I’ll have what she’s having.

This immortal line from “When Harry met Sally” (YouTube it if you are too young to remember this) is the embodiment of our attitude to weight loss. We fall for it, hook, line and sinker, every time. Don’t believe me? Do the following statements apply to you?

I have tried a weight loss spray (congratulations, if you don’t know what I am talking about)
I have bought/considered buying AbCirclePro
I have done a Lemon Detox Diet
I buy protein bars endorsed by my favorite bodybuilder
I have bought Zumba DVDs to get a “Zumba body” at home
I follow the success stories in a fitness magazine and analyse their diet and training
I ask my girlfriend what she did to lose weight and try to copy her plan

I bet most of us go from “you gotta be kidding me” to “what’s wrong with that?”. In actual fact, all these scenarios are based on clever advertising (featuring skinny models) + our natural inclination to believe in patterns. It is very easy to look at a fit and slim individual and say: “Whatever you are doing is obviously working, please tell me your secret so I can look like you”.

The next natural step is for the owner of this fantastic slim and fit body to say: “Whatever I am doing is obviously working, so if you do the same, you will look like me”. To be honest, I was a perfect example of this self-righteous arrogance myself a few years ago. Teaching 10-15 classes a week as a 20-something fitness instructor, I was happy to share my advice to “eat everything in moderation” to my obviously less disciplined participants.

My previous post on insulin received similar comments.

“I understand that carbohydrates stimulate insulin, and insulin promotes fat storage. But I have been eating sweets, cereals, pasta, cakes, etc. all my life, and I am still skinny. According to your logic, I should be fat and unhealthy. What gives?”

I totally hate you for being able to eat whatever you want. But don’t give your metabolism a pat on the back and go crazy with leftover Easter eggs just yet. You might just pay for it later.

There is no doubt that some people seem to be born with an ability (or a gift?) to consume a box of Krispy Kremes with no consequences. Come to think of it, most people could get away with a lot more dietary indiscretions as children or teenagers. For others, the battle might have started in high school, or in their 30s. Many factors are at fault. You can probably blame it on genetics, it is a fashionable thing to do. The problem with that is that genes are passed down with very little change between generations. As recently as 1989, the prevalence of overweight and obesity in men in Australia was 46.7%. In 2000 it shot up to 60%. I am sorry, but genes do not mutate that quickly!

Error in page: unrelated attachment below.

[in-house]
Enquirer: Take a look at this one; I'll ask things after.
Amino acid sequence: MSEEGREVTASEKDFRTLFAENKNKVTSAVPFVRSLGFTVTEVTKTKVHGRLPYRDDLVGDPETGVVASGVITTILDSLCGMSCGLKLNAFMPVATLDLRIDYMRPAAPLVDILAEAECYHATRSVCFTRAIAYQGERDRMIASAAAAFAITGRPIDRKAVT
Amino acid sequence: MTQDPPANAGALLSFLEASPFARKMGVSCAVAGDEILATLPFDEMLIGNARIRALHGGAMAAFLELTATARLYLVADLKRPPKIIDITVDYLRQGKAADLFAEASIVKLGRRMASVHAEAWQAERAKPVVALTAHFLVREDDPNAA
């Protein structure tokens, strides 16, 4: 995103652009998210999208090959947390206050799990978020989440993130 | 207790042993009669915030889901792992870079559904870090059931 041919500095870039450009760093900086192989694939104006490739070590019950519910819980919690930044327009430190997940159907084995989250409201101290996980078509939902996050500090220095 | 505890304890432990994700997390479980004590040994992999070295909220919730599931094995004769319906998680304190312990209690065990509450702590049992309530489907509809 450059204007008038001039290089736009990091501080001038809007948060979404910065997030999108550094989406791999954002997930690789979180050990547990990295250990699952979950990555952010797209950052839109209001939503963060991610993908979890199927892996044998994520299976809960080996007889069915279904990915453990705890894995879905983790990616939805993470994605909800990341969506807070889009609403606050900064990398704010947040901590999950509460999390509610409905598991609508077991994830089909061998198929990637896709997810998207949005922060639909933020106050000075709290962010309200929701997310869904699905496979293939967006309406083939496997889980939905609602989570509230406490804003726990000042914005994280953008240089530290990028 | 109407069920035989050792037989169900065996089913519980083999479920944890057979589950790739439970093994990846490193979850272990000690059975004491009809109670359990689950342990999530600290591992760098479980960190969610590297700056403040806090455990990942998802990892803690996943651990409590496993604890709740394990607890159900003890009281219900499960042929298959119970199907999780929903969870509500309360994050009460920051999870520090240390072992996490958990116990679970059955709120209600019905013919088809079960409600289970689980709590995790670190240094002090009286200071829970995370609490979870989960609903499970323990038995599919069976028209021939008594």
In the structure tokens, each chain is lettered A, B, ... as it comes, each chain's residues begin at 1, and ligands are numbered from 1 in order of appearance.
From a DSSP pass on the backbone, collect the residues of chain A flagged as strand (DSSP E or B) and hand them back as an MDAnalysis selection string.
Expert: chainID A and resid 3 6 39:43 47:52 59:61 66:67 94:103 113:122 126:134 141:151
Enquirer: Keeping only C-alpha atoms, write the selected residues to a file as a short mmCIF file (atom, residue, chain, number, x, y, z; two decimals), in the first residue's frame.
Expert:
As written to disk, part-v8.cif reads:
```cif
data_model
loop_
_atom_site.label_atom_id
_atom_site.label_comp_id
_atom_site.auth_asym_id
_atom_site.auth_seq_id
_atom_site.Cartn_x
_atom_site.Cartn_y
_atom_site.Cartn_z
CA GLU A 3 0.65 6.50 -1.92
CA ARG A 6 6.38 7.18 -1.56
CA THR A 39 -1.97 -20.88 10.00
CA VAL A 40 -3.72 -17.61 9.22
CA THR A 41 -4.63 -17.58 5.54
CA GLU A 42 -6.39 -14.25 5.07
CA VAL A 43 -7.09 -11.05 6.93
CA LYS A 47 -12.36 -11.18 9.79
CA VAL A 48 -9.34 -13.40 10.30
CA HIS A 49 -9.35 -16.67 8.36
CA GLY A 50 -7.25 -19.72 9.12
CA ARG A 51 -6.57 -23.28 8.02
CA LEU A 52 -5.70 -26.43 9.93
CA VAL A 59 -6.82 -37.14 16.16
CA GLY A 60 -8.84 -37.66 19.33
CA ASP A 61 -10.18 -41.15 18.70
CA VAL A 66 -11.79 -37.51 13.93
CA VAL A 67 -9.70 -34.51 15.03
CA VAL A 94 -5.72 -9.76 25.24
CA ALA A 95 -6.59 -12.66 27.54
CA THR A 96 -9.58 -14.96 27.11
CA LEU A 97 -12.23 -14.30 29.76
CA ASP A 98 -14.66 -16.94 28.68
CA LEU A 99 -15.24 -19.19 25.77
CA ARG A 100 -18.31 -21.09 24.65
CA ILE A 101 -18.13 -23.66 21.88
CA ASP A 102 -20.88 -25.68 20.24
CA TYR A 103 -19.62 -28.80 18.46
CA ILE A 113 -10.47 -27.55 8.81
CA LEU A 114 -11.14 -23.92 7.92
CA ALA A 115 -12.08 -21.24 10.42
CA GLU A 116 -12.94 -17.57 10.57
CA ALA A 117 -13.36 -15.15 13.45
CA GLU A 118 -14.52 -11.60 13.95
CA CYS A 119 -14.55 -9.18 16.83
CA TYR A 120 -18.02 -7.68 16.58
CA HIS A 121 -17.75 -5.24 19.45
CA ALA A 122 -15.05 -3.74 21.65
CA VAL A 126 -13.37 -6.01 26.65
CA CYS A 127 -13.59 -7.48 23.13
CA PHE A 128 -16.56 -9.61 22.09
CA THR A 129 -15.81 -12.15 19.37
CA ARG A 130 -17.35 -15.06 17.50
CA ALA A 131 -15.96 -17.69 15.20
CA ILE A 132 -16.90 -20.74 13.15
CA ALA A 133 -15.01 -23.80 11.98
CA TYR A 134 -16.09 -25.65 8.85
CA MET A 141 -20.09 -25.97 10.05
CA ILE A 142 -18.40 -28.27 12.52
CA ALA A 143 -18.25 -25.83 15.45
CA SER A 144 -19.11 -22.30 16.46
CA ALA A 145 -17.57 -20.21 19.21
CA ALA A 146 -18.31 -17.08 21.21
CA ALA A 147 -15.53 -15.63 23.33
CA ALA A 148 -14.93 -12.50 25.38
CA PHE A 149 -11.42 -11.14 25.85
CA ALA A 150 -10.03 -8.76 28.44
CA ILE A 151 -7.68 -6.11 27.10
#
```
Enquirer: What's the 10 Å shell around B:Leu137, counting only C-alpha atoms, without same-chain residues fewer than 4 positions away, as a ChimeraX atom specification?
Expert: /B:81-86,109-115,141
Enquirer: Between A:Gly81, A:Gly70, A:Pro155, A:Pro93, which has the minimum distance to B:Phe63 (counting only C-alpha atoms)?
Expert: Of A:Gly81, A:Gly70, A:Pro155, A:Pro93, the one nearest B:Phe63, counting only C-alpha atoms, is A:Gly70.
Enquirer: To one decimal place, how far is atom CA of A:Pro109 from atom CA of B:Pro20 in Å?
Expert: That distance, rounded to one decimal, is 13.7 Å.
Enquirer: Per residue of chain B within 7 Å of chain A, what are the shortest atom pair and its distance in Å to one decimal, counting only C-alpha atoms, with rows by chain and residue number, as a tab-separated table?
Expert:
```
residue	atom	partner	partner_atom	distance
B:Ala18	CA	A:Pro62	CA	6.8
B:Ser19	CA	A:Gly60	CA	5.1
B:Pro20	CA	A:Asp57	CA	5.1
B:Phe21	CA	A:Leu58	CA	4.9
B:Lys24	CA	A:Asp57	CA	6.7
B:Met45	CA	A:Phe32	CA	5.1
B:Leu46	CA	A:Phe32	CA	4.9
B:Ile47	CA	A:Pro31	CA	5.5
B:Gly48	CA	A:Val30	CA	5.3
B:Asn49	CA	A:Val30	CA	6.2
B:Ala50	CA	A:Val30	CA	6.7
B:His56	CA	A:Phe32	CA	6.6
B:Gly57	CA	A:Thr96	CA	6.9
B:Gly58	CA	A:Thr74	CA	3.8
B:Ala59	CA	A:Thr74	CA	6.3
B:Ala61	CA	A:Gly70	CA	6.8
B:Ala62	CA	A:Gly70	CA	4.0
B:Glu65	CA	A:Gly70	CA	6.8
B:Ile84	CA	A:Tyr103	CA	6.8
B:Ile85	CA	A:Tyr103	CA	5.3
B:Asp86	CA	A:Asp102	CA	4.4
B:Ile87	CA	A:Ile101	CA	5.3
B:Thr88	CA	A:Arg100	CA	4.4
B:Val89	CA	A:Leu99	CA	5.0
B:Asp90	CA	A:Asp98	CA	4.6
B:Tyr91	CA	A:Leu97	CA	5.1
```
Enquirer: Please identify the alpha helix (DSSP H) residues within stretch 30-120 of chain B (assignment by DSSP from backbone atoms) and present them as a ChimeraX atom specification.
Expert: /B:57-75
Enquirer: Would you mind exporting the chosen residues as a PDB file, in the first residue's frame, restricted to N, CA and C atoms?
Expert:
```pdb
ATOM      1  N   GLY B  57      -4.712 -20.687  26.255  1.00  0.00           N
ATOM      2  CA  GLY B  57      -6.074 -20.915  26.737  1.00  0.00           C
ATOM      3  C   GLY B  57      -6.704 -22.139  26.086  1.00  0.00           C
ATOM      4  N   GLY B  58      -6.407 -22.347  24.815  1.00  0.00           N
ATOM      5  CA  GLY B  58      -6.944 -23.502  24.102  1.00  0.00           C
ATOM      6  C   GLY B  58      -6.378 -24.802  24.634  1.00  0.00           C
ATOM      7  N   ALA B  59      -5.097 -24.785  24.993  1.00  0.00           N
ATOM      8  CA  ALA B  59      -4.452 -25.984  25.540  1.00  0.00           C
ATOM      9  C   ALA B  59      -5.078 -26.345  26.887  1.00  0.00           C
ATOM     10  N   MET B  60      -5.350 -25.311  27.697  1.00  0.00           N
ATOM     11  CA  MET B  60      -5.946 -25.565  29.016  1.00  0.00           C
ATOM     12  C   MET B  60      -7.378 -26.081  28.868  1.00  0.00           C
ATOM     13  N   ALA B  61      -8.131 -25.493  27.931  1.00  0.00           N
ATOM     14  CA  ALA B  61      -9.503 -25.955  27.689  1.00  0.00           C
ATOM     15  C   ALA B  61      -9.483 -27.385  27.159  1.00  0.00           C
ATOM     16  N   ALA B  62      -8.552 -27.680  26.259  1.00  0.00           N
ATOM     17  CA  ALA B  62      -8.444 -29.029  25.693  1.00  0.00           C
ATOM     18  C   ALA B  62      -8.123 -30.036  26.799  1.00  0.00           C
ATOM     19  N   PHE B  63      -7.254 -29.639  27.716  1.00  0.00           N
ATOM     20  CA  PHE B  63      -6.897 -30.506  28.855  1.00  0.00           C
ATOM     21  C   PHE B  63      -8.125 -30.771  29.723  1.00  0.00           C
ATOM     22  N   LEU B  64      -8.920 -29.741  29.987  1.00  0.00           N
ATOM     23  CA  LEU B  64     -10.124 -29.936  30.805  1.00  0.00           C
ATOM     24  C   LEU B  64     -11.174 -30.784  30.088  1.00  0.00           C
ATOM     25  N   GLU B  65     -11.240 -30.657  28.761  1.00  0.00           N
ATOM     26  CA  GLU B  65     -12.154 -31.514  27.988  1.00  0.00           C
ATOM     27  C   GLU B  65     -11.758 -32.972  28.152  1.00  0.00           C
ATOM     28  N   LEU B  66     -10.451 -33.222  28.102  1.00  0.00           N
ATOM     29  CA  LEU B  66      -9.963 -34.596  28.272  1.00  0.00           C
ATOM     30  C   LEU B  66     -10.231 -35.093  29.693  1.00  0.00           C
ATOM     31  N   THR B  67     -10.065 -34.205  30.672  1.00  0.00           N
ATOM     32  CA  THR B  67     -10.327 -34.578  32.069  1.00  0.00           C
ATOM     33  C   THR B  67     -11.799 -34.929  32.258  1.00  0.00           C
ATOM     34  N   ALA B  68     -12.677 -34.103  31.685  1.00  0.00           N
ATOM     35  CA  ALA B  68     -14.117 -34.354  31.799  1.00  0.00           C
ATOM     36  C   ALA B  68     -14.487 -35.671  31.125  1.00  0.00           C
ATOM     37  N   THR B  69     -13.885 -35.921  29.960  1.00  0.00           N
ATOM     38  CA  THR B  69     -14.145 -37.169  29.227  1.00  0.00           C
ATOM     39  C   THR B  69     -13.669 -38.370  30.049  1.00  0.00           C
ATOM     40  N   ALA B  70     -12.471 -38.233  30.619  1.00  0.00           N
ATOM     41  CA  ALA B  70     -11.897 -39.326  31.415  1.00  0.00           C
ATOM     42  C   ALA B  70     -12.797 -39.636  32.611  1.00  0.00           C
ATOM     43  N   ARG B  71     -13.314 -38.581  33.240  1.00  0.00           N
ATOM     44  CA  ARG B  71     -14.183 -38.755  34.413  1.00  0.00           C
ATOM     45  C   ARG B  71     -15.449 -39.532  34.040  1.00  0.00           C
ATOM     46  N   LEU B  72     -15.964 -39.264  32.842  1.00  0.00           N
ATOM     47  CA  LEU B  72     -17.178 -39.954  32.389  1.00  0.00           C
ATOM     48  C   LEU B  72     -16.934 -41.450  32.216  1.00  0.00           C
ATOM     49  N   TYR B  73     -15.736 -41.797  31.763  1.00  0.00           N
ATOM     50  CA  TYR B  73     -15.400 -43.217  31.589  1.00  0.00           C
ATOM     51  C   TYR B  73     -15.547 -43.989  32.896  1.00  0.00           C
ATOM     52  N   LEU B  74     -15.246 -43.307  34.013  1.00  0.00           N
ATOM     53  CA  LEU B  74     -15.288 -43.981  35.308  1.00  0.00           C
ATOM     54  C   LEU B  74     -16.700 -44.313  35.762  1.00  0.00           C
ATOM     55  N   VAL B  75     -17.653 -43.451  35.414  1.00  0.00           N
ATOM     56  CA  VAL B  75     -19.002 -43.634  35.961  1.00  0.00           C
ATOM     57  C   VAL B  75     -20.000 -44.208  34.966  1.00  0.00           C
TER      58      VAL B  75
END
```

And since now we hopefully agree that our weight is regulated by hormones, has anything changed in our bodies on hormonal level? Yes. Let me introduce you to insulin resistance, the key player in metabolic syndrome. Think of it as a link between overweight and diabetes. If you remember, insulin’s job is to let glucose into the muscle, liver and fat cells. Insulin resistance means just that: cells, especially liver and muscle cells, stop responding to insulin and do not let any more glucose inside. As a result a couple of things happen. Blood glucose levels go up, firstly because of peripheral resistance (muscle cells close their doors to glucose), secondly because liver cells fail to detect the rising blood sugar and do not down regulate their own glucose production. Double whammy means more glucose floating around your system (=hyperglycaemia). Pancreas try fight the flood of glucose by releasing even more insulin (=hyperinsulinaemia). Does this sound like perfect conditions for putting on some extra fat? (I’ll discuss the causes of insulin resistance another time, but you can be sure that carbs will not be an innocent bystander).

So the road from insulin resistance to diabetes looks like this: peripheral muscle + liver insulin resistance -> hyperglycemia -> pancreas releases more and more insulin -> insulin and extra glucose causes fat gain (mostly around your belly) -> belly fat promotes inflammation which further increases liver insulin resistance -> pancreas gets tired of playing catch up with blood sugar -> blood sugar rises even more -> you get diagnosed with type II diabetes -> pancreas is now burned out completely -> you need insulin injections.

The first few steps can happen before you even know it. By the time you realise that your metabolism is out of whack, your body is churning out too much insulin for an innocuous amount of carbohydrates. Suddenly a piece of pizza, which was your weekly staple in your 20’s, becomes a luxury your waistline can no longer afford. Same principle applies if you are a high carb fitness freak, cruising on the Australian government recommended diet. Your muscles and liver are still sensitive to insulin. You look good. You feel great. Is it possible that you are genetically gifted to avoid all complications of obesity and diabetes later in life? I don’t mean to be a killjoy (I love my cheesecake too!) but with insulin resistance rates estimated between 13 and 30% in Oz, I don’t like your chances.


One thought on “I’ll have what she’s having.

  1. Pingback: Four-Week Zumba Weight-Loss Course | 4 Real Cheap

Comments are closed.